It is a sad reality that racism is still alive and well and often rears its ugly head in the context of work. When you hear a rude remark, tasteless joke or outright slur, you may feel a mixture of shock, anger and confusion. Here are some easy steps for dealing with racism at your job.

Tesla faces three whistleblower complaints

Florida residents might be interested in learning about some whistleblower tips against Tesla that have been filed with the U.S. Securities and Exchange Commission. The whistleblowers are three former employees of the company, including two security professionals and one technician.

According to news sources, the latest whistleblower tip confirmed the information provided by the second one. The tip includes allegations that Tesla hacked the computers and phones of its employees and did not disclose to its shareholders that raw materials had been stolen. The tip also includes an allegation that employees of Tesla viewed the proposal to take the company private last year with skepticism following an internal discussion that occurred before Elon Musk tweeted about it.

Restaurant workers likely to encounter sexual harassment

Sexual harassment of restaurant and other food service employees is a common scenario. Reports indicate that up to 70 percent of male workers and 90 percent of female workers in restaurants have experienced some type of sexual harassment from customers, coworkers, supervisors or suppliers. Workers in Florida should be aware of their rights and opportunities for recourse regarding this issue.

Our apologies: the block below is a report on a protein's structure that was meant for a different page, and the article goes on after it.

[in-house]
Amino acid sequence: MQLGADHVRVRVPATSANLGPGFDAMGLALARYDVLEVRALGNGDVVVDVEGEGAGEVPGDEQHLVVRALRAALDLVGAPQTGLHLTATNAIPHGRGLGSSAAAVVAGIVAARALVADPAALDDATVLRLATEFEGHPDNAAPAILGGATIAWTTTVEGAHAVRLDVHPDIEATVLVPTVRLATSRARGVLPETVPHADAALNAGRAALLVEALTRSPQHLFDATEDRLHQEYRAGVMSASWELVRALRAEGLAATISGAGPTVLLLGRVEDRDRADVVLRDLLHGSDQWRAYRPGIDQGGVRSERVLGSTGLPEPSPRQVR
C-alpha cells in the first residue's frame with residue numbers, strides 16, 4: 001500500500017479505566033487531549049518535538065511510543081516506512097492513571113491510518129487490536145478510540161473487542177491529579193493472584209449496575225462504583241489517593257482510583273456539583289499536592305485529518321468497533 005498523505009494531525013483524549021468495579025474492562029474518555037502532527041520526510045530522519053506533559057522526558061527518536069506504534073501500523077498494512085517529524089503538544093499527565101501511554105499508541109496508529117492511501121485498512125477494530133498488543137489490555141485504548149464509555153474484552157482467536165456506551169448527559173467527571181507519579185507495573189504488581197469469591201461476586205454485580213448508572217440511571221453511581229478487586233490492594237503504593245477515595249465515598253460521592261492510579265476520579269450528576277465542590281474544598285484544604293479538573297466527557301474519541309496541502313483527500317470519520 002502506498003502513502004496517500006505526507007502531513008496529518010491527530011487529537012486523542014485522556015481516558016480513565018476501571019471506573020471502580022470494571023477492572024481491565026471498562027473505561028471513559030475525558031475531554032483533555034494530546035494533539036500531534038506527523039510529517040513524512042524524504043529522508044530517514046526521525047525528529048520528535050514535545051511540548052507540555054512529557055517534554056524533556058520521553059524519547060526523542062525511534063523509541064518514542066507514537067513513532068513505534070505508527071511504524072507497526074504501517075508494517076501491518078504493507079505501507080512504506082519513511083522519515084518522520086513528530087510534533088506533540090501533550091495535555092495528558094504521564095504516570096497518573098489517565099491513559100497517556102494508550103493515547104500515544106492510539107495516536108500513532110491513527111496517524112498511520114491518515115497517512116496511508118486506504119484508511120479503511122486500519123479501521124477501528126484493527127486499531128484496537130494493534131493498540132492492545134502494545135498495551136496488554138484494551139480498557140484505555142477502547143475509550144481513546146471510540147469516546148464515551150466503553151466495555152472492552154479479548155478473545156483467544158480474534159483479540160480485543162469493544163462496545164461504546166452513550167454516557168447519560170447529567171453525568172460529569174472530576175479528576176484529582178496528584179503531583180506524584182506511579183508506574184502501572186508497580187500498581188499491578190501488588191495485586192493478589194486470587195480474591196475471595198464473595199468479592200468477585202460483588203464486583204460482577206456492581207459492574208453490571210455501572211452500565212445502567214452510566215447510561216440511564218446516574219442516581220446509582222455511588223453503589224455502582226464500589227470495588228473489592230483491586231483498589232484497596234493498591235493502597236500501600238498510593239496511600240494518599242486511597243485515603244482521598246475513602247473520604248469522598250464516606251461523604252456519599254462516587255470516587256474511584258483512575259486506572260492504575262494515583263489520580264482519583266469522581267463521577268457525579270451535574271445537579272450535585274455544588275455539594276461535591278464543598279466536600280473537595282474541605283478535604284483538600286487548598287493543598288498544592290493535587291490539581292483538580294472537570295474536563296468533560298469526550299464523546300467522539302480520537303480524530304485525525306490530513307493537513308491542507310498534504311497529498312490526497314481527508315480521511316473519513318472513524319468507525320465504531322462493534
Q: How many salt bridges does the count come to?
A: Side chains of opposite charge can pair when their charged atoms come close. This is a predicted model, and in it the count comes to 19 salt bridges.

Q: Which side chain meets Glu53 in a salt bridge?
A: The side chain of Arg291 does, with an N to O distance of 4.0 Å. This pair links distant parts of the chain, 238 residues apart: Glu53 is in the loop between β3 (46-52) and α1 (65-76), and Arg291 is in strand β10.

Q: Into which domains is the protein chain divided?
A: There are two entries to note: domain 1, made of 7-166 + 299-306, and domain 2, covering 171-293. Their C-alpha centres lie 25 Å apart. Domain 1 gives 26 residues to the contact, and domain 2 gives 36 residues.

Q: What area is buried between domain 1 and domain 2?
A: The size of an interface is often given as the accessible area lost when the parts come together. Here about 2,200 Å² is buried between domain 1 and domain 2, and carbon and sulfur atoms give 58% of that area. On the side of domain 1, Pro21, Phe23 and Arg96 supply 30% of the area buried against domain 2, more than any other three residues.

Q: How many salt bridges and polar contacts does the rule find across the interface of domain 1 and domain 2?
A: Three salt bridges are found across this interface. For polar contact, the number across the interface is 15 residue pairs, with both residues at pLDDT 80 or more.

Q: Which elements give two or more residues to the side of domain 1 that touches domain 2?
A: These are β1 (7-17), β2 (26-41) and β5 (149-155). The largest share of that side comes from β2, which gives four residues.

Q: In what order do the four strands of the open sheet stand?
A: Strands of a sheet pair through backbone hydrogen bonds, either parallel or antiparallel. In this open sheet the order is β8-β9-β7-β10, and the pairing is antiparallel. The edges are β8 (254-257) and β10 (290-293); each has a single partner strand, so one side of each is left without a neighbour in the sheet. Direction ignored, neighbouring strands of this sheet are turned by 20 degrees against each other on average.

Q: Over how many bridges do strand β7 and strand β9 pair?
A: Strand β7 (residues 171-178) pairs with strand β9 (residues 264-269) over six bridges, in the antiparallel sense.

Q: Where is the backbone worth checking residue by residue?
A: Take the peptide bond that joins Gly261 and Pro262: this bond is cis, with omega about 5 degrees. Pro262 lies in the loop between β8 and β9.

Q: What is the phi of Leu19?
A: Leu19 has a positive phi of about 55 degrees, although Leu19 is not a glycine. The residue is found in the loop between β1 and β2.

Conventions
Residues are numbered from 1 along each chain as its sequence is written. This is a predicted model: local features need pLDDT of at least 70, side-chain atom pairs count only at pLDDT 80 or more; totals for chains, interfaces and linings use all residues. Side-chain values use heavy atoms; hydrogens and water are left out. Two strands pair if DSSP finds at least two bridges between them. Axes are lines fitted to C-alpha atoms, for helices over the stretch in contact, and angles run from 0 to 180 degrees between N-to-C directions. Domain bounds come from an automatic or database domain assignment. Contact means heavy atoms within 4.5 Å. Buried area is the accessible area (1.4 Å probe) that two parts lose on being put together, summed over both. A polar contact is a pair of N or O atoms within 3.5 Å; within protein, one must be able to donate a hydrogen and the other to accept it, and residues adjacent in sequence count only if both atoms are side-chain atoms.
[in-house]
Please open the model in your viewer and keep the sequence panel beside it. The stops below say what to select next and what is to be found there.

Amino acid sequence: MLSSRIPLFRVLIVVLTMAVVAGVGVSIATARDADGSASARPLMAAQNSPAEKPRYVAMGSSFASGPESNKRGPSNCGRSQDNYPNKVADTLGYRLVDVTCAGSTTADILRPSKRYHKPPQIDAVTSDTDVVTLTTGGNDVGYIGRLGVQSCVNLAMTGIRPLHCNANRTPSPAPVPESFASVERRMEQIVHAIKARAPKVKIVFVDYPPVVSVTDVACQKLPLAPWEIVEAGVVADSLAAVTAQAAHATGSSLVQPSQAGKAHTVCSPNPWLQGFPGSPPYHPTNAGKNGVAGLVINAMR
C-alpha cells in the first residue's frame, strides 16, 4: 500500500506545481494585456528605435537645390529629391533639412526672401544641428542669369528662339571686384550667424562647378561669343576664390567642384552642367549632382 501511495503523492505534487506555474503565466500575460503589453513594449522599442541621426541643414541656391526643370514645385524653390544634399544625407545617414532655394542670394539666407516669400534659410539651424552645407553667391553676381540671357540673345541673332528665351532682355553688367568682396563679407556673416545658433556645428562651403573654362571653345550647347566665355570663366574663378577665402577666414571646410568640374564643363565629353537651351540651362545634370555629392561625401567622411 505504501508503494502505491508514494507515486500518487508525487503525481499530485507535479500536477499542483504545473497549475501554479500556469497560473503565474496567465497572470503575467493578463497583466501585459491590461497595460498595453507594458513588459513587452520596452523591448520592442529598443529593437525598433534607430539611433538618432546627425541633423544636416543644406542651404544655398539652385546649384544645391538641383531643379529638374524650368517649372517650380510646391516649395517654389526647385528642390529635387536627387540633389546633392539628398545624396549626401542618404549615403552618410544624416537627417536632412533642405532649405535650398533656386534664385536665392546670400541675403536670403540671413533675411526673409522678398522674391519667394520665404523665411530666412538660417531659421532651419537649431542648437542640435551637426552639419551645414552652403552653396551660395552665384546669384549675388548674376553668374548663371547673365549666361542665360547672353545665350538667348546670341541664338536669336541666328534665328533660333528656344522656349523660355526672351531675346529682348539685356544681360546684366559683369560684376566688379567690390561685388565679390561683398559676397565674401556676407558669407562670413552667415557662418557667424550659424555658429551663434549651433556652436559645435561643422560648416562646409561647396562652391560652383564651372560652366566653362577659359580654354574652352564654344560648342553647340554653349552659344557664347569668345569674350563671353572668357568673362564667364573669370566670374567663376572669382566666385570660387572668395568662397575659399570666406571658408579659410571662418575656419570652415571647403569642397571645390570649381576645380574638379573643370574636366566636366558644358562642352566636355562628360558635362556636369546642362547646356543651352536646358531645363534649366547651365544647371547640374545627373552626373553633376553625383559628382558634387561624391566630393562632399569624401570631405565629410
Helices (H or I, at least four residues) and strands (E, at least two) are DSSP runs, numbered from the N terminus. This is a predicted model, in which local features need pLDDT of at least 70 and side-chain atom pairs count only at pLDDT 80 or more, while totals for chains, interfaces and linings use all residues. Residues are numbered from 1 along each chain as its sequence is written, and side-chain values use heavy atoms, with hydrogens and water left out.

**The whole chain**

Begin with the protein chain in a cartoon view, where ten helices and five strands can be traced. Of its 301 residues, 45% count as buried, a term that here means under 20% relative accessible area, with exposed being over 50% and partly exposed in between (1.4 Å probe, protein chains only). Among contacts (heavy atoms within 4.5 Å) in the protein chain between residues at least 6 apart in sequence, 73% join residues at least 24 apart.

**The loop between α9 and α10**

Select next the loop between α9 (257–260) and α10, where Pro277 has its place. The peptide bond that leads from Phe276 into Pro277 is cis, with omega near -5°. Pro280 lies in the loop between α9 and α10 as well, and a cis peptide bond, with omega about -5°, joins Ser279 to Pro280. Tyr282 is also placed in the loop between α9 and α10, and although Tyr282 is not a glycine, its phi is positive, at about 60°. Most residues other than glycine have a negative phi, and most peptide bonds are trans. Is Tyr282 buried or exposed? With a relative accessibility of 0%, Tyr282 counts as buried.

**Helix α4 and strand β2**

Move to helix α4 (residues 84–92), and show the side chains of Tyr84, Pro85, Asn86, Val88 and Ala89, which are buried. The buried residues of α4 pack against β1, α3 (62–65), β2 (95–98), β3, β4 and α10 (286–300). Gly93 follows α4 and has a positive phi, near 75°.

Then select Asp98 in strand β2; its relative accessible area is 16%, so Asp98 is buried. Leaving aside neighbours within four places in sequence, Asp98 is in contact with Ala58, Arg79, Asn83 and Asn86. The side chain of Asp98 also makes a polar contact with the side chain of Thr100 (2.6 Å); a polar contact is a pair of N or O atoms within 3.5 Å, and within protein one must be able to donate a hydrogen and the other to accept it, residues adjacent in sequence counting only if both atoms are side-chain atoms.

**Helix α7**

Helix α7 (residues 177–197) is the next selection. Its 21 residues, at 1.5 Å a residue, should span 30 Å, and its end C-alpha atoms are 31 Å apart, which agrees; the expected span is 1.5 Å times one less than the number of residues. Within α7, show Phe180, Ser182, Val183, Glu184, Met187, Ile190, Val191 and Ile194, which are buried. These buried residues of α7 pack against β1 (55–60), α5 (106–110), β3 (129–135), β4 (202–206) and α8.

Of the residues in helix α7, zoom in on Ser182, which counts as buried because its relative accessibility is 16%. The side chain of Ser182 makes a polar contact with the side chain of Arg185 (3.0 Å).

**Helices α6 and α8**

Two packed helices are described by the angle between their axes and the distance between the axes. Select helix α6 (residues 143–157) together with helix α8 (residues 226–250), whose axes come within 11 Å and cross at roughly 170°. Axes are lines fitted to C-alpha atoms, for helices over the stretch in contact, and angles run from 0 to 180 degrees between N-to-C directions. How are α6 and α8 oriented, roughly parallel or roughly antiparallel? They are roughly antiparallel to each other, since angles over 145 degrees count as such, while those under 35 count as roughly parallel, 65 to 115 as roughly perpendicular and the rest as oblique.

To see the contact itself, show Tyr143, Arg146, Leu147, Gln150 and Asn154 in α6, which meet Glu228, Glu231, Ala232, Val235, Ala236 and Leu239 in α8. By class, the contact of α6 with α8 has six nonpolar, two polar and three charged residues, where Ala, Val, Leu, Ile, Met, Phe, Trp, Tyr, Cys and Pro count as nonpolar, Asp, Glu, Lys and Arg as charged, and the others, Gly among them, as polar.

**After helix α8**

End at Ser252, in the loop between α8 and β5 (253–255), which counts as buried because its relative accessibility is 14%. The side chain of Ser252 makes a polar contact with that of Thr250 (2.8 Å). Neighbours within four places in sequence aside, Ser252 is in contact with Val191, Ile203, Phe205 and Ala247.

Approximately 52 percent of employees in restaurants are female, and two-thirds of them are compensated at least in part with tips. Power imbalances between women and men may lead to more harassment of women in the workplace. Recent research suggests harassment of male workers is on the rise. This area has not been as widely researched, though, so the statistics may be inaccurate. Another factor that may lead to under-reporting of male employee harassment is that it may be perceived as unmanly for male employees to report harassment.

How to respond to sexual harassment at work